Secondly, fear can be generated from the unknown or a person’s lack of understanding. Some of you may be scared of the dark, not just because it’s the dark but because of the unknown hiding within. Whether we can prove that there really is something there, we’re still scared and act as if there is. Similarly, in Arthur Miller’s play ‘The Crucible’, based on the Salem Witch Hunts in the 1960s and the McCarthy period in the 1940s and 1950s, Miller recreates a horrid time in history where people were killed by others who were afraid of the unknown. As I am a bookworm, I explored the relationship between ‘The Crucible’ and the McCarthyism.

The play explores witchcraft, an invisible force that frightens people simply because they cannot see it and don’t understand it. The hysteria caused a lot of different conflicts to arise as people were being falsely accused and hanged. People feared the witches and feared being accused, and it was this fear that created more accusations to be made and more deaths to take place. The court hanged people on barely any or no evidence at all, but because of the court’s lack of understanding of witchcraft and therefore their inability to prove the accusations to be wrong, and also the fear of running their reputation.

During the McCarthy period, innocent people were killed because they were thought to be communists. Communism was not understood by many people in the 1940’s and 1950s and was not liked. People were discriminated against for having different views, that is, if you showed the slightest difference of opinion, you were a communist. At that time, communists were something horrid and people feared them, and so they started killing them. Innocent people were being killed based on no or very little evidence except for the thought or belief that they were a communist. The abstract idea of communism struck terror into everyone and led to many deaths.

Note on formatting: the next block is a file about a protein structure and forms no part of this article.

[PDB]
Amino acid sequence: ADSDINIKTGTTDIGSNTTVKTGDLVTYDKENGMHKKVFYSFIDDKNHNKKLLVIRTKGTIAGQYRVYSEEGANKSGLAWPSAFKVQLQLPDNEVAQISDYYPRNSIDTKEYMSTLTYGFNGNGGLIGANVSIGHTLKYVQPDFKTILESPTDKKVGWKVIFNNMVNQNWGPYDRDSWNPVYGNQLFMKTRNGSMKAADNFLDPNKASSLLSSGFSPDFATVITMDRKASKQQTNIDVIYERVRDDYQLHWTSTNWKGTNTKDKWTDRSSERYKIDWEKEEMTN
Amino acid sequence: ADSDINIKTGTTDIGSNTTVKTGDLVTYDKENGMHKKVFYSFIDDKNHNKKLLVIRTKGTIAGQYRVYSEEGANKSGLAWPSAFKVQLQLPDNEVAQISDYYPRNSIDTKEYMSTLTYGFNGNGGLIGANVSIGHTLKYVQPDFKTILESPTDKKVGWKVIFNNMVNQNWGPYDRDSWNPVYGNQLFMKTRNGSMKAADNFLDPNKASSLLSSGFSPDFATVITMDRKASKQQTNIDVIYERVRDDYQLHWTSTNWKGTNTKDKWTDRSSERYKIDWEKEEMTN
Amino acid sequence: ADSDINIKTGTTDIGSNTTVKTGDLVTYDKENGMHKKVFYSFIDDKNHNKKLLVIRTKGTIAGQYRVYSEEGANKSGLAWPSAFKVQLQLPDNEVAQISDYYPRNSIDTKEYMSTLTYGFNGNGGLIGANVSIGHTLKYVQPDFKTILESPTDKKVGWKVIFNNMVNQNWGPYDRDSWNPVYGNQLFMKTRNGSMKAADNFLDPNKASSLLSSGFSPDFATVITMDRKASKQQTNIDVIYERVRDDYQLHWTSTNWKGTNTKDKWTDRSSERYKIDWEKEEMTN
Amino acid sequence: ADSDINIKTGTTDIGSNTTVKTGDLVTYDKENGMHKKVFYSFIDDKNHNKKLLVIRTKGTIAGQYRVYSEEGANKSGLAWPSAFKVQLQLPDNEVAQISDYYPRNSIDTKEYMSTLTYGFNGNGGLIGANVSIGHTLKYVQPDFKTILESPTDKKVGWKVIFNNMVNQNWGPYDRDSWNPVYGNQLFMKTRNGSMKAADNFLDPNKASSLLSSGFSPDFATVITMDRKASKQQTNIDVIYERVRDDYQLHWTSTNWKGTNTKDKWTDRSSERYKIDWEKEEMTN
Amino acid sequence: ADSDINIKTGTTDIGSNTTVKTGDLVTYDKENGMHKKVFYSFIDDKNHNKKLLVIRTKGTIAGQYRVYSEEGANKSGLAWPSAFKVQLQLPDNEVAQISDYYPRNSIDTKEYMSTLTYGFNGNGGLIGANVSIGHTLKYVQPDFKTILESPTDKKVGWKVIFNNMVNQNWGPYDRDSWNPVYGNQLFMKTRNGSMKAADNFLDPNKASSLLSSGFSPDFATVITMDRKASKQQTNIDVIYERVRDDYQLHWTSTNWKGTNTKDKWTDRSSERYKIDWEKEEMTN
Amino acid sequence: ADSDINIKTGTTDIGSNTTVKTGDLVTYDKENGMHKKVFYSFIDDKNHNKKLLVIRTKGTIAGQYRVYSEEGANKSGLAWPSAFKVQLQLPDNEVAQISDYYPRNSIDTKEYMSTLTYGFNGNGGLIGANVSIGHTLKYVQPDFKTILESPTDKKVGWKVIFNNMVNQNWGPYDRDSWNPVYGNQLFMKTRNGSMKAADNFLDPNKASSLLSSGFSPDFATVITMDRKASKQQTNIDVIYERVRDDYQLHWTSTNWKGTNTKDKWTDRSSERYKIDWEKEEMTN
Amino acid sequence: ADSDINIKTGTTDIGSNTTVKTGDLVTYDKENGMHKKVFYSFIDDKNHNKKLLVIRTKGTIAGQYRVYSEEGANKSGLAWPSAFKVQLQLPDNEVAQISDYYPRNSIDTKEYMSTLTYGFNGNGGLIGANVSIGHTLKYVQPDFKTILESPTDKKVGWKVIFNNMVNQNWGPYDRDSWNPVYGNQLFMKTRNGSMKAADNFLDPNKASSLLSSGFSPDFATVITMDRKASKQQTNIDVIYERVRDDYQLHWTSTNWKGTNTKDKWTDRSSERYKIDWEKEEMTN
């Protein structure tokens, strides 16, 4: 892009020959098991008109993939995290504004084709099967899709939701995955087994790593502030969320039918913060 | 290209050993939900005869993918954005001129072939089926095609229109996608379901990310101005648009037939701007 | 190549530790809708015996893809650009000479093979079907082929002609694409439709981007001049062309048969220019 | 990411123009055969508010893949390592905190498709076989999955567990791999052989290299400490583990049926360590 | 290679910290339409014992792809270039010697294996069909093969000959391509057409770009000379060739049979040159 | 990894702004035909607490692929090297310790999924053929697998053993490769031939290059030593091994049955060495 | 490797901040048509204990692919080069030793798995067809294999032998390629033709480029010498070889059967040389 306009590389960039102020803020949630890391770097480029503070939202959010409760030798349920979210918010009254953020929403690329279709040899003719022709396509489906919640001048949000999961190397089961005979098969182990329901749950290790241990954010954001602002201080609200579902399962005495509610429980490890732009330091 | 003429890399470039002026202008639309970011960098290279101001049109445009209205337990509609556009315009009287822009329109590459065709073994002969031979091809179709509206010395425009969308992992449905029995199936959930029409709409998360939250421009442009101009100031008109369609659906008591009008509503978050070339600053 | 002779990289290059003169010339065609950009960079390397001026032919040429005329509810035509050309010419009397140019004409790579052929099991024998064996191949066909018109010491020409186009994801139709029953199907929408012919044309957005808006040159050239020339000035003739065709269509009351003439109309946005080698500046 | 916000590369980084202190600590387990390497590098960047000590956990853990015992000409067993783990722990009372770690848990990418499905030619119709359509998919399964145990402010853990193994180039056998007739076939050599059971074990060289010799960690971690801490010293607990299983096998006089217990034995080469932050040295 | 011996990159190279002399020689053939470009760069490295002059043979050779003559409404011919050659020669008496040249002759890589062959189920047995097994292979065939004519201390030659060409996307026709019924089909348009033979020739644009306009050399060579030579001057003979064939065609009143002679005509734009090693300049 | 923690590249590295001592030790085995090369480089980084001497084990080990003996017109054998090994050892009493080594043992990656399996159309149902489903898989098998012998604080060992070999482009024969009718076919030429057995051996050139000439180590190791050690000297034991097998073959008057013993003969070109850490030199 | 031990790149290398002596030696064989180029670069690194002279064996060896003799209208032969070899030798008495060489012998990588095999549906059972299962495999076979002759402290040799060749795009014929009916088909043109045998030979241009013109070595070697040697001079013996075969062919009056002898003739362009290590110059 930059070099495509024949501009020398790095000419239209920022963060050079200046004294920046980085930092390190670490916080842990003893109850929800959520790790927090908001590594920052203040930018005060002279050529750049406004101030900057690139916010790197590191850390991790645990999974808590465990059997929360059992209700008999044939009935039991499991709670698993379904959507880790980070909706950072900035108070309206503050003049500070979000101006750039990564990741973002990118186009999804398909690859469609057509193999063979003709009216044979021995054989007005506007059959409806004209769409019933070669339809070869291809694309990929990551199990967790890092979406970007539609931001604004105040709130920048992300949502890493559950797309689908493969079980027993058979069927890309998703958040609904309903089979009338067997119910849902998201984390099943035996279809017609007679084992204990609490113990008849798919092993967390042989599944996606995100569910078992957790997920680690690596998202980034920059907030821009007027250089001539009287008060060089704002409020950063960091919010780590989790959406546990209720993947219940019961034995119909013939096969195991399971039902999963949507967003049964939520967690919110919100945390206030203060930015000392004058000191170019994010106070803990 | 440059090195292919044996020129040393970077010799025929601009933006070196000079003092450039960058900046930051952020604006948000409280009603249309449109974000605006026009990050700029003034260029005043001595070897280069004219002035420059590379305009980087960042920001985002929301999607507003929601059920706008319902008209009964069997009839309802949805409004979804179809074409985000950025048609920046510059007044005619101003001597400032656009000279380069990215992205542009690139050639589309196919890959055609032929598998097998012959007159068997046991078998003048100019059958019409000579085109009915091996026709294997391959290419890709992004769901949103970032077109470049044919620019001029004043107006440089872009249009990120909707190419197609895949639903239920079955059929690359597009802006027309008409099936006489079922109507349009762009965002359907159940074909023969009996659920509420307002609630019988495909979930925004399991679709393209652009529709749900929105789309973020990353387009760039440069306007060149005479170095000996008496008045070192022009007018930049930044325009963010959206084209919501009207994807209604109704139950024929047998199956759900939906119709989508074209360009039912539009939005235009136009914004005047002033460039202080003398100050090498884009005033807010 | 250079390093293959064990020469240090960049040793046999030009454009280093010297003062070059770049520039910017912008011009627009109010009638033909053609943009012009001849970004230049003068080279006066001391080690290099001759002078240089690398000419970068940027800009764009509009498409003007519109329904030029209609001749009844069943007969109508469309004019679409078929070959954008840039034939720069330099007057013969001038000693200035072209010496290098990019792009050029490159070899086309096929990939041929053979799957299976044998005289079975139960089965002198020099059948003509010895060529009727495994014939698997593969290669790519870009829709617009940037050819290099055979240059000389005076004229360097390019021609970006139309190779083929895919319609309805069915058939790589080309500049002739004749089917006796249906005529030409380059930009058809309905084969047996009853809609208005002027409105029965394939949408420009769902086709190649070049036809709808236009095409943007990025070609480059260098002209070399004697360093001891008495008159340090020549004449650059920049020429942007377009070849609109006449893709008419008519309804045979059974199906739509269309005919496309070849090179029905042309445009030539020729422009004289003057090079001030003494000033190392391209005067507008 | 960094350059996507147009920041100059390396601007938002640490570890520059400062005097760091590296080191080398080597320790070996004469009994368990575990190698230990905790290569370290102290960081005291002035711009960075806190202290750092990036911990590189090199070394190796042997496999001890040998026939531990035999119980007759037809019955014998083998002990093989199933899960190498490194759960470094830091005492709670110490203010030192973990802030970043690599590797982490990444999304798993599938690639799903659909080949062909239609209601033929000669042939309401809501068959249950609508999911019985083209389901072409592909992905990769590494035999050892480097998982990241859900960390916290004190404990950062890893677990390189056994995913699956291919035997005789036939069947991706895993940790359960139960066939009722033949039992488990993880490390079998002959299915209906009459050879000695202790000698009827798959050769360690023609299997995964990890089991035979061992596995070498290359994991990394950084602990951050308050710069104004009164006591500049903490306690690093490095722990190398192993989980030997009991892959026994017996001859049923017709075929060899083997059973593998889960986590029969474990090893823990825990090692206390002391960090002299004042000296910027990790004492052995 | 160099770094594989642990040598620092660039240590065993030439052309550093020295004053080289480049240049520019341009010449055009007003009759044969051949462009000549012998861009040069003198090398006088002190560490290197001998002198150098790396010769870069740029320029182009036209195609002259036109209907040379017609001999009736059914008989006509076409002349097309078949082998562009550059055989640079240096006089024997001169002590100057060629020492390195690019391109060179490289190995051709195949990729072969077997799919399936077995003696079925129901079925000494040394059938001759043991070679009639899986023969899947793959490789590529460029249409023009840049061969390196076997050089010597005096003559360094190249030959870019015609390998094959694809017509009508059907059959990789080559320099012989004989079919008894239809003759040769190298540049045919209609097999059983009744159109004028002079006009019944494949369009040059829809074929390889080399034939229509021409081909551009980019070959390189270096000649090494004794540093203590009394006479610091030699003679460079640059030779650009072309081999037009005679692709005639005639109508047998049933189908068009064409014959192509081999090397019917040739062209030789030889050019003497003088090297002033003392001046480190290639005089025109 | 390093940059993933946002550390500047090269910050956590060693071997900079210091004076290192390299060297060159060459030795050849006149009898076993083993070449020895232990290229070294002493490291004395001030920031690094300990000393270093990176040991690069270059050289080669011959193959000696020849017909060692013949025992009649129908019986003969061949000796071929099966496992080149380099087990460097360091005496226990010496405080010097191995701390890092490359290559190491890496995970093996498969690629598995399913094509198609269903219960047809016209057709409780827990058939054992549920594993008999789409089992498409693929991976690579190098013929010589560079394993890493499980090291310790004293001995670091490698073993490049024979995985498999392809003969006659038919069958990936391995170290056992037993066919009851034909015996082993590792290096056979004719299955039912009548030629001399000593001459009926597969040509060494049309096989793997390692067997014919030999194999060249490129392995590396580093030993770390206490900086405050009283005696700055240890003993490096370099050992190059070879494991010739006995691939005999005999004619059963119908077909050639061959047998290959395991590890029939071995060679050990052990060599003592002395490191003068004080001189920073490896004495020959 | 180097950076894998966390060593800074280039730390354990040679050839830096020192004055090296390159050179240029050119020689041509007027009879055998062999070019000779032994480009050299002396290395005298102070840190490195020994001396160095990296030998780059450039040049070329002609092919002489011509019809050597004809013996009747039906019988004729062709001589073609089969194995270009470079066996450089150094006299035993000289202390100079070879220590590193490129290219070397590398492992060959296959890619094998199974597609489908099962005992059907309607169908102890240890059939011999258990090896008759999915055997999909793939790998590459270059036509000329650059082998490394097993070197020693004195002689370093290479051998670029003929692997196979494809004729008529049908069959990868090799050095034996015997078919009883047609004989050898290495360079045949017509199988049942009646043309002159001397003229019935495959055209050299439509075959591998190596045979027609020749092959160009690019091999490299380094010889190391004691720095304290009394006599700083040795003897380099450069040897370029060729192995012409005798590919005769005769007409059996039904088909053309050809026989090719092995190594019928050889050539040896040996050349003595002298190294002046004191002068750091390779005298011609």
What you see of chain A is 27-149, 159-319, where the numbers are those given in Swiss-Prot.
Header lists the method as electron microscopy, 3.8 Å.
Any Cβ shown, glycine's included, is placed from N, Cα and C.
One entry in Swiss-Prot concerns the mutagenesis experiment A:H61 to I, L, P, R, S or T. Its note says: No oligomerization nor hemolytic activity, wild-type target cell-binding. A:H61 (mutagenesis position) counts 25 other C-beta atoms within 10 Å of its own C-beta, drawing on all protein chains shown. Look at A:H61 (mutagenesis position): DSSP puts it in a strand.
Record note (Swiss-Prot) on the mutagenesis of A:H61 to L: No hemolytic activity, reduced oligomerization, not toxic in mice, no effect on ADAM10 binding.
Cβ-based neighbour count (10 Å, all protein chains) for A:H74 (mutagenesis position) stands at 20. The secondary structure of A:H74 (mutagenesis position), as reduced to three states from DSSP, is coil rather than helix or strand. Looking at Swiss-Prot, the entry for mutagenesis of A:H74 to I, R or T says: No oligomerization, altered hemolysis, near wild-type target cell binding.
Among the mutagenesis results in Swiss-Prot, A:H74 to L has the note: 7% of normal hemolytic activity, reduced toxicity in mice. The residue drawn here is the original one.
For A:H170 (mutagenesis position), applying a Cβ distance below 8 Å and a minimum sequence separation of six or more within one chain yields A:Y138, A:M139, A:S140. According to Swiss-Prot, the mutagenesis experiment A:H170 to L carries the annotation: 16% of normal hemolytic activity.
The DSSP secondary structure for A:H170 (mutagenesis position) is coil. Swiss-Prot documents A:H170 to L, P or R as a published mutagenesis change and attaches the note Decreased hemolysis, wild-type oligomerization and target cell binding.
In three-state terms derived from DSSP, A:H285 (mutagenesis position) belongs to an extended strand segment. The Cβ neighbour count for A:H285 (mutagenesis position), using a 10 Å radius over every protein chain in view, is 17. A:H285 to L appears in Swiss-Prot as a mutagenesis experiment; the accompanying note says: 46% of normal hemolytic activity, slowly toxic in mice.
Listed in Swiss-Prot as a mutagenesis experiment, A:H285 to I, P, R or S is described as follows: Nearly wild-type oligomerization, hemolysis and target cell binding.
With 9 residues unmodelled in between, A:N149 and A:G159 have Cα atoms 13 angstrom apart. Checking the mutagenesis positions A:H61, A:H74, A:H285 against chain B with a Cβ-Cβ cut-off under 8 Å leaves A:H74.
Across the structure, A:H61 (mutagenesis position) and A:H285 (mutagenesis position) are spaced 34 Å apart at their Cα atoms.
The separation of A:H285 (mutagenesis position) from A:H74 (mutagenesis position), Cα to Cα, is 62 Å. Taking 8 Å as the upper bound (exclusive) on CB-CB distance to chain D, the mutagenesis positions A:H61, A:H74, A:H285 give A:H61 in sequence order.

Finally, choosing to believe in or accepting and promoting stereotypical views can lead to the cultivation of fear and can create conflict between countries. How some countries manage asylum seekers shows this. Asylum seekers are mainly innocent people trying to seek refuge in countries or places safer than their own. They flee, in fear for their life and the lives of their family, from the conflict, generally war, occurring in their own country. The countries they come from tend to be in Africa, Asia or the Middle-East and are often quite poor. And we, living in a safe, wealthy country, judge these desperate asylum seekers.

We see them as a threat because they are black or have not so fair skin, generally don’t speak English well, and sometimes come from Islamic countries, and we associate them with terrorists and criminals. This strikes fear into our safe haven and we deal with these poor refugees by sending them to an isolated island, turning them away or locking them up. But I ask you, if these asylum seekers were white and came from the UK, America or Canada, would we still see them as a threat? Would we still be afraid of them? Well, no we wouldn’t, because they’re white, are most likely able to speak English and come from generally wealthy countries, and so we don’t associate them with criminals or terrorists – the prejudice here is obvious.

Some may disagree and state that ignorance or the desire for power is what fuels conflict, but they are misled, as fear lies within both of these. It is a person’s ignorance that frightens them, for the lack of understanding for something can be seen as a threat. And it is fear and doubt that causes violent or regretful actions to be made.

Not everyone may be afraid during conflict, but fear is the main fuel for conflict which can escalate into violence and the loss of innocent lives. Keeping people uneducated and imposing fear and violence can aid in controlling them, their thoughts and their actions. The unknown or a person’s lack of understanding can create fear. And the choice to follow stereotypical views can be turned into fear and generate conflict. Fear is very powerful and conflicts are based heavily on it. Where there is conflict, there is fear.